"He was selling the Genesis with Altered Beast as the pack-in [instead of Sonic]" Well, it's not like Katz would have had a choice at the time. Altered Beast was indeed the bundled game for the Genesis at release, but Sonic wasn't even out then; it was released in June of 1991, and it replaced Altered Beast as the bundled game around that time as well.

    • The "[instead of Sonic]" seems to be the work of the story submitter, and not an accurate quote.

      Kalinske's point is valid, though -- the pack-in game (remember those?) was an important factor in console sales, especially in its role in providing a mascot, an identity, for the system.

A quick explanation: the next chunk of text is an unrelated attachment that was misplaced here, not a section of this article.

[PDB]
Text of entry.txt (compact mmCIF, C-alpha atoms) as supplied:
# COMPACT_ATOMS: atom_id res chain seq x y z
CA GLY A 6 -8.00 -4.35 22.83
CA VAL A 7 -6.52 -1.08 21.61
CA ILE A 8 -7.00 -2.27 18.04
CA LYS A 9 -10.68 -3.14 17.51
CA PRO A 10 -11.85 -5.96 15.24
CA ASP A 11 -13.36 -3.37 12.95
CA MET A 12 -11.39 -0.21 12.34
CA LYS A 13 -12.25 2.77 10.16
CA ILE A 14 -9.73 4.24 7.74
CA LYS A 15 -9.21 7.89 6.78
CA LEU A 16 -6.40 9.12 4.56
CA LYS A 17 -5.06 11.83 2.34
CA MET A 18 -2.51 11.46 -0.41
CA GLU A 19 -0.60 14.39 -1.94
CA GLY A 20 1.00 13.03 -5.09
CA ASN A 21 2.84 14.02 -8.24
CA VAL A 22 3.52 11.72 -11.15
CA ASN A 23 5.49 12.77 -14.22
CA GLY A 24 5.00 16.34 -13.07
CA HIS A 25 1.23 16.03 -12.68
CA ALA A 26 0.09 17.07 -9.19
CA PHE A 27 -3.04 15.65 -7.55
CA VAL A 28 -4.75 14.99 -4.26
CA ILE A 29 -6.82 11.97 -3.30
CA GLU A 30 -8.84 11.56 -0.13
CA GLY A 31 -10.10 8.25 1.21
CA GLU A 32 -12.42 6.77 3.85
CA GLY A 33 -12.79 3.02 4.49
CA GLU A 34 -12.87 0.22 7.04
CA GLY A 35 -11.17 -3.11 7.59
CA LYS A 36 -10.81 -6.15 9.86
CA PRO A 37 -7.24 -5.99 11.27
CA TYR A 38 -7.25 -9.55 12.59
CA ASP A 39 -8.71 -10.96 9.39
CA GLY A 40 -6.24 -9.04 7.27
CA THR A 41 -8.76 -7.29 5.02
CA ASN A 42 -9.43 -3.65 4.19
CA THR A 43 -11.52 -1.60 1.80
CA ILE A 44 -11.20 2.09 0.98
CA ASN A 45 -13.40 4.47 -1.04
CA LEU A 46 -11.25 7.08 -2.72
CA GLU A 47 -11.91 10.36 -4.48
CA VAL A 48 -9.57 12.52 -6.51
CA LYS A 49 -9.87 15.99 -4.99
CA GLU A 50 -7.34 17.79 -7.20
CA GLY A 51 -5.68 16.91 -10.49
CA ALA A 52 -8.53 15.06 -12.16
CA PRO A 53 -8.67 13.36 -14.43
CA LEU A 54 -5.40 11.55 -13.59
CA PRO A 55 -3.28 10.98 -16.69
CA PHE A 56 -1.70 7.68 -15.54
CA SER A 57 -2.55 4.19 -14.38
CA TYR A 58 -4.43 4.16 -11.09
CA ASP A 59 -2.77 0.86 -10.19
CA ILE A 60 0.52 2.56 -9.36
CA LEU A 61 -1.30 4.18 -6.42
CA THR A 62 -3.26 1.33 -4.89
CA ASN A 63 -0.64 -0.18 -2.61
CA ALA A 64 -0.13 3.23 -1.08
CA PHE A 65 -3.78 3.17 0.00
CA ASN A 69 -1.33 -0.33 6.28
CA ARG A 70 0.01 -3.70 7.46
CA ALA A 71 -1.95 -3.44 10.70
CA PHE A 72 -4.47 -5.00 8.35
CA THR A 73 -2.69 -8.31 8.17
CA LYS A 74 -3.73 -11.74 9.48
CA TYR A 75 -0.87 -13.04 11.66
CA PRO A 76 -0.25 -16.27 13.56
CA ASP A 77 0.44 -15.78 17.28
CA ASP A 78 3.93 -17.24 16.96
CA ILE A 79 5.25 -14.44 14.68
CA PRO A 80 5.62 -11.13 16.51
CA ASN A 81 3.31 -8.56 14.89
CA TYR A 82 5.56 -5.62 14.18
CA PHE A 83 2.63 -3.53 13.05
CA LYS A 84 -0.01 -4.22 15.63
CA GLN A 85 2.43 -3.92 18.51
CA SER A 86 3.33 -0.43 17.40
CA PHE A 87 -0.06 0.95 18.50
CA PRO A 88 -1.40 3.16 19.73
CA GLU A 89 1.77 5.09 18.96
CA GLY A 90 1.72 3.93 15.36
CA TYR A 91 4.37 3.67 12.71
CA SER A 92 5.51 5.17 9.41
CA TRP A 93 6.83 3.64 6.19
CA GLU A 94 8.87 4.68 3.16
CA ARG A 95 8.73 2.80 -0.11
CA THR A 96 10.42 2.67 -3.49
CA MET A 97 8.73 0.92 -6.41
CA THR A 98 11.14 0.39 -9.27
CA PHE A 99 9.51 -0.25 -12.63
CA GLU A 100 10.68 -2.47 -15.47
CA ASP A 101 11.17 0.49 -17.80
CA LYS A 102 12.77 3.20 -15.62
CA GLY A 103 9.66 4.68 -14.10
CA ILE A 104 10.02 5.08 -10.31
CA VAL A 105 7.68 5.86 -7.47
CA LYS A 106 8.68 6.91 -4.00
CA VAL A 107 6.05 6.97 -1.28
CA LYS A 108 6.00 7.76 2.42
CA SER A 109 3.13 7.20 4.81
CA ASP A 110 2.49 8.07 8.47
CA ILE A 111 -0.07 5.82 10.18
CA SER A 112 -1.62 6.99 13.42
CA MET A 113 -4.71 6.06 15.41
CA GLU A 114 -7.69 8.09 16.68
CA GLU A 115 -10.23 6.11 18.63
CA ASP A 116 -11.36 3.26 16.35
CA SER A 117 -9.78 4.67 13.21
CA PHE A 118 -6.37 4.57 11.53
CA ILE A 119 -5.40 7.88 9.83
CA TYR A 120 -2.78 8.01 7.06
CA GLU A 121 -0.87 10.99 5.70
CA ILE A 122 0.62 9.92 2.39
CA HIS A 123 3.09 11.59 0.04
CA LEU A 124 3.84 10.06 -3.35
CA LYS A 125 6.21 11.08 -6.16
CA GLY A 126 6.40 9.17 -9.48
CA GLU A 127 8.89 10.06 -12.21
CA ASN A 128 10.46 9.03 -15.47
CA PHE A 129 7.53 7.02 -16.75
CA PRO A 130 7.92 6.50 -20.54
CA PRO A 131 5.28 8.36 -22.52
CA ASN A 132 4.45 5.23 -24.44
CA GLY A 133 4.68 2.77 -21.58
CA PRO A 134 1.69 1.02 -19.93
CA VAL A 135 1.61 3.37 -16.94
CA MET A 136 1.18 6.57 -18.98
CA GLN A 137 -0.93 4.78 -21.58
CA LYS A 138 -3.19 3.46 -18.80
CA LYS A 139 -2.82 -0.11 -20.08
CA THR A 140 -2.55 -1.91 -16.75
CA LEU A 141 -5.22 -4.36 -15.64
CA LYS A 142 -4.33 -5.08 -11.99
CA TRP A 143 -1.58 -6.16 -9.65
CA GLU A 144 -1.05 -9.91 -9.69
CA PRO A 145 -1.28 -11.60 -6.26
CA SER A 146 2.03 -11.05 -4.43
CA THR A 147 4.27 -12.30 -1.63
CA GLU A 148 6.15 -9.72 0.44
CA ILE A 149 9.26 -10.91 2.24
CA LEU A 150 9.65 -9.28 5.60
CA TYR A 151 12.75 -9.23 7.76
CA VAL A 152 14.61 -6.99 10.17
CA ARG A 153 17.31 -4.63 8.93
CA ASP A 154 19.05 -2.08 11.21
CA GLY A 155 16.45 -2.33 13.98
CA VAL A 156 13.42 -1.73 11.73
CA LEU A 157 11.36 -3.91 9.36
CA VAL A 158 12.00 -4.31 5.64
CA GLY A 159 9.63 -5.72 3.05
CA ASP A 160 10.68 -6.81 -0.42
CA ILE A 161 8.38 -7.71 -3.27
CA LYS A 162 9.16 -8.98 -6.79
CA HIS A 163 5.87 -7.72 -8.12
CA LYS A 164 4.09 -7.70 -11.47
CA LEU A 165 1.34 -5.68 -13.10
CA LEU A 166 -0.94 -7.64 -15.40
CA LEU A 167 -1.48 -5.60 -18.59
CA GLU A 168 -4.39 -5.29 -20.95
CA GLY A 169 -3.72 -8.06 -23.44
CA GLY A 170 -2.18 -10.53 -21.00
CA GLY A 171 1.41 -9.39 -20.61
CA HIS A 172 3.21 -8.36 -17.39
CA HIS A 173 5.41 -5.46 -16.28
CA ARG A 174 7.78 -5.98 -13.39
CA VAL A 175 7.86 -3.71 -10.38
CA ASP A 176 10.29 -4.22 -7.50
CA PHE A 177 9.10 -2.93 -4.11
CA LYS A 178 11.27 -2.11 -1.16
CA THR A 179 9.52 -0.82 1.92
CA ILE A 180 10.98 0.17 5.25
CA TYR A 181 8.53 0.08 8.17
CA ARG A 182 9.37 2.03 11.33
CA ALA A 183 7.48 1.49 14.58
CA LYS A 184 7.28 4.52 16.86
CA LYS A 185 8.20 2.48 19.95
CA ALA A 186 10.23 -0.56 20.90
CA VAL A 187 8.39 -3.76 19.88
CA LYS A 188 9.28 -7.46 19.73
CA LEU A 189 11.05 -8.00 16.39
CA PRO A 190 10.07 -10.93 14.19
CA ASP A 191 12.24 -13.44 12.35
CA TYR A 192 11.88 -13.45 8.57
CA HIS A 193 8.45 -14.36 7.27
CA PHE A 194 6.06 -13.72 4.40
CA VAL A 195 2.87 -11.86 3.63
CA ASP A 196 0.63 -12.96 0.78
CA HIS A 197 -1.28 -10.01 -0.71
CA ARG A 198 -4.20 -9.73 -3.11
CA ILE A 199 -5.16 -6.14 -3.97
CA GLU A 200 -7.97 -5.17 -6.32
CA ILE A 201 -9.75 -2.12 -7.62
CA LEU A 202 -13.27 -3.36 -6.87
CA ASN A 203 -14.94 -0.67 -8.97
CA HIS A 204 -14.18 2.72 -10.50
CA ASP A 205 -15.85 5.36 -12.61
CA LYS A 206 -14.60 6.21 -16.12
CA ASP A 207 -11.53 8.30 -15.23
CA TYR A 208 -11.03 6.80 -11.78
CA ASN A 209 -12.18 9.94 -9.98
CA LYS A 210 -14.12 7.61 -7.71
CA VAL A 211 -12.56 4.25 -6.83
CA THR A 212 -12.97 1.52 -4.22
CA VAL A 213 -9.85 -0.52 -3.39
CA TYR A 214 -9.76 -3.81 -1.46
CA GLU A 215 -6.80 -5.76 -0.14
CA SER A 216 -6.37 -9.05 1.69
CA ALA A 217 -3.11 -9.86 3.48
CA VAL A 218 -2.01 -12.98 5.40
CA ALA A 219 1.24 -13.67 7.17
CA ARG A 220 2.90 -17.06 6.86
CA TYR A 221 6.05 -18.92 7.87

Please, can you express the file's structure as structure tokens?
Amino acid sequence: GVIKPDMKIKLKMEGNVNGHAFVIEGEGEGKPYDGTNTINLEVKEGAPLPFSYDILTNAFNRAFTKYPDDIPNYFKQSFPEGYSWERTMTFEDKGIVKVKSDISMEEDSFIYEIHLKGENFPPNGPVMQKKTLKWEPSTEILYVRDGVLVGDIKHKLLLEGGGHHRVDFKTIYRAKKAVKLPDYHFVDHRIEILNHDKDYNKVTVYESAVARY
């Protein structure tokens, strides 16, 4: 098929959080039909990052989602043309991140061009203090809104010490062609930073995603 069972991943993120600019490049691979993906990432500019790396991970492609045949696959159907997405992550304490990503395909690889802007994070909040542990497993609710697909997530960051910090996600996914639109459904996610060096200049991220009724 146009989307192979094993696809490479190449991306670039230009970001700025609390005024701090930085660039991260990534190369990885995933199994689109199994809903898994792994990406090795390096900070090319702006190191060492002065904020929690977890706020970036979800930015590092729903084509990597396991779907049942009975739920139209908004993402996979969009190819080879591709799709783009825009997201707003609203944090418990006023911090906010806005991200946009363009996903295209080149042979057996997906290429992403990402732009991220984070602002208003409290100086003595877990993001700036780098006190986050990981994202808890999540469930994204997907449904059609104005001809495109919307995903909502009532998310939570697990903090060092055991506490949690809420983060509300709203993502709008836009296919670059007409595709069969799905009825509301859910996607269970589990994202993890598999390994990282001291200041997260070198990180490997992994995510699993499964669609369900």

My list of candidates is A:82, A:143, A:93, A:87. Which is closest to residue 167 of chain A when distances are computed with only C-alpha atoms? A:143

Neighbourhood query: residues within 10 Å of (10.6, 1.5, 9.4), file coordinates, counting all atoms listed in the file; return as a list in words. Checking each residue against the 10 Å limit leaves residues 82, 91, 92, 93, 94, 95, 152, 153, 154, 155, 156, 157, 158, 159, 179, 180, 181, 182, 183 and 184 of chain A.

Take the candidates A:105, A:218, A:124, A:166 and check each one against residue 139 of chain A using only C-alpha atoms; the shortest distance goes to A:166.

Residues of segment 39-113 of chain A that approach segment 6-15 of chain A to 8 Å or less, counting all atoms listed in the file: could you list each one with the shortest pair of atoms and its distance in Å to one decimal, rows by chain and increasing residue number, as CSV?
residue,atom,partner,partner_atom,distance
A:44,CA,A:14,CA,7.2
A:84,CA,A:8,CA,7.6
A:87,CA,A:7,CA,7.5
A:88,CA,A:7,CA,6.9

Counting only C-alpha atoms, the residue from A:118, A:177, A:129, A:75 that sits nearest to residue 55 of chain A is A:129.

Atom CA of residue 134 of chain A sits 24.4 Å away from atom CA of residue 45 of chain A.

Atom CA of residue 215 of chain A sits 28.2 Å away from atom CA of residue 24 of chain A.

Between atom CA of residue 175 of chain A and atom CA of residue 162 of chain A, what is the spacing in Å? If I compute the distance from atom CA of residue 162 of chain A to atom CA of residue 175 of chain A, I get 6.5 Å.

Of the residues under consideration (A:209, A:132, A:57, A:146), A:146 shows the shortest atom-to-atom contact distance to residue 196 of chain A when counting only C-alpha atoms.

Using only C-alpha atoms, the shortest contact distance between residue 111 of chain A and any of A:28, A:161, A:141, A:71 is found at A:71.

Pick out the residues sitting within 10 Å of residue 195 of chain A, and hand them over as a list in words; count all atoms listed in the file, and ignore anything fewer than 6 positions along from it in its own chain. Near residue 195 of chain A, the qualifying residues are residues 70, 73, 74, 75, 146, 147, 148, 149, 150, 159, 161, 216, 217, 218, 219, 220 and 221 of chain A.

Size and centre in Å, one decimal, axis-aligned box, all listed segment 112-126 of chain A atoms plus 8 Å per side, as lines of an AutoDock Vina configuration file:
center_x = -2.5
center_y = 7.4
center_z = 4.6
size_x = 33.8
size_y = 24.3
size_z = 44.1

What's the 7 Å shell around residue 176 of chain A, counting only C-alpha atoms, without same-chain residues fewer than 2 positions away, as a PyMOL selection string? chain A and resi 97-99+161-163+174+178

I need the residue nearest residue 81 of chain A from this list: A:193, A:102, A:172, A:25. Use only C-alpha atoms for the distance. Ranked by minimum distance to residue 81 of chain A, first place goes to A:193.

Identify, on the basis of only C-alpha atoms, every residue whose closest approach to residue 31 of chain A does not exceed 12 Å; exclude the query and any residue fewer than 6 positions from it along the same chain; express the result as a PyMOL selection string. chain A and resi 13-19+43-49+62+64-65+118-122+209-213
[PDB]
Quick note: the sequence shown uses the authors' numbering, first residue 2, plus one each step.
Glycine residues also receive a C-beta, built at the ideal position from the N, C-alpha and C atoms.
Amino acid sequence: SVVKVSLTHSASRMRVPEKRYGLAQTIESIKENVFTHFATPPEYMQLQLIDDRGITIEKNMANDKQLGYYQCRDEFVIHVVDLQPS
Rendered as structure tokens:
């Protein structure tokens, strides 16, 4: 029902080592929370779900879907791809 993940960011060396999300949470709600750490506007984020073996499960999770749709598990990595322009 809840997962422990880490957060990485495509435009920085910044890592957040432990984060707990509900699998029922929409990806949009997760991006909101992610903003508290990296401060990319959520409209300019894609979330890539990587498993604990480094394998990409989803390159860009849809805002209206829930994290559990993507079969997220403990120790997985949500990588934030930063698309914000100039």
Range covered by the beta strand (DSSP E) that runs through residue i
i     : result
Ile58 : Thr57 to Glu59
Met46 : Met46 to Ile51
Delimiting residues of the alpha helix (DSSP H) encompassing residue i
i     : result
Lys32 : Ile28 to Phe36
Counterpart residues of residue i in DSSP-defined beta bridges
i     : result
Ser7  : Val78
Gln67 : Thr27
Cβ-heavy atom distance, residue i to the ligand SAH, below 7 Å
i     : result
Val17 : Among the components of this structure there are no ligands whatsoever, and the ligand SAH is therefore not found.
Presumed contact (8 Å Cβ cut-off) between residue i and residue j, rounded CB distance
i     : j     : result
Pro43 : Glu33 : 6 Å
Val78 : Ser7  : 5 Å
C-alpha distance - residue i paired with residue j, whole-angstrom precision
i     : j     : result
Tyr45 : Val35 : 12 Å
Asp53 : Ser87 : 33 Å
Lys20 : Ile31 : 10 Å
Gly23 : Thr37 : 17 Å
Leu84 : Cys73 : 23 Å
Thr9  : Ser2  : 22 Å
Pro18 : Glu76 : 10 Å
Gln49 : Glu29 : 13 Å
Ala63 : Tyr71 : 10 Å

Nintendo always had Mario, the most successful (and sometimes-overused) mascot in gaming history.

      NEC started out weakly with Keith Courage, but later realized their mistake and replaced him with a much stronger mascot in Bonk.

      Th
      • Did the guy(s) in Altered Beast even have a name?
        I always assumed it was "Altered Beast," I admit it was a bit awkward for him to introduce himself at parties...
  • Great Interview (Score:2, Informative)

    by Mdentari ( 979766 )
    Finally some answers or at least a different view of the inner workings of the once mighty Sega. The N64 event alone was enough to blow my mind. Incredible stuff.
  • by row1 ( 930208 ) on Wednesday July 12, 2006 @10:04PM (#15709956) Homepage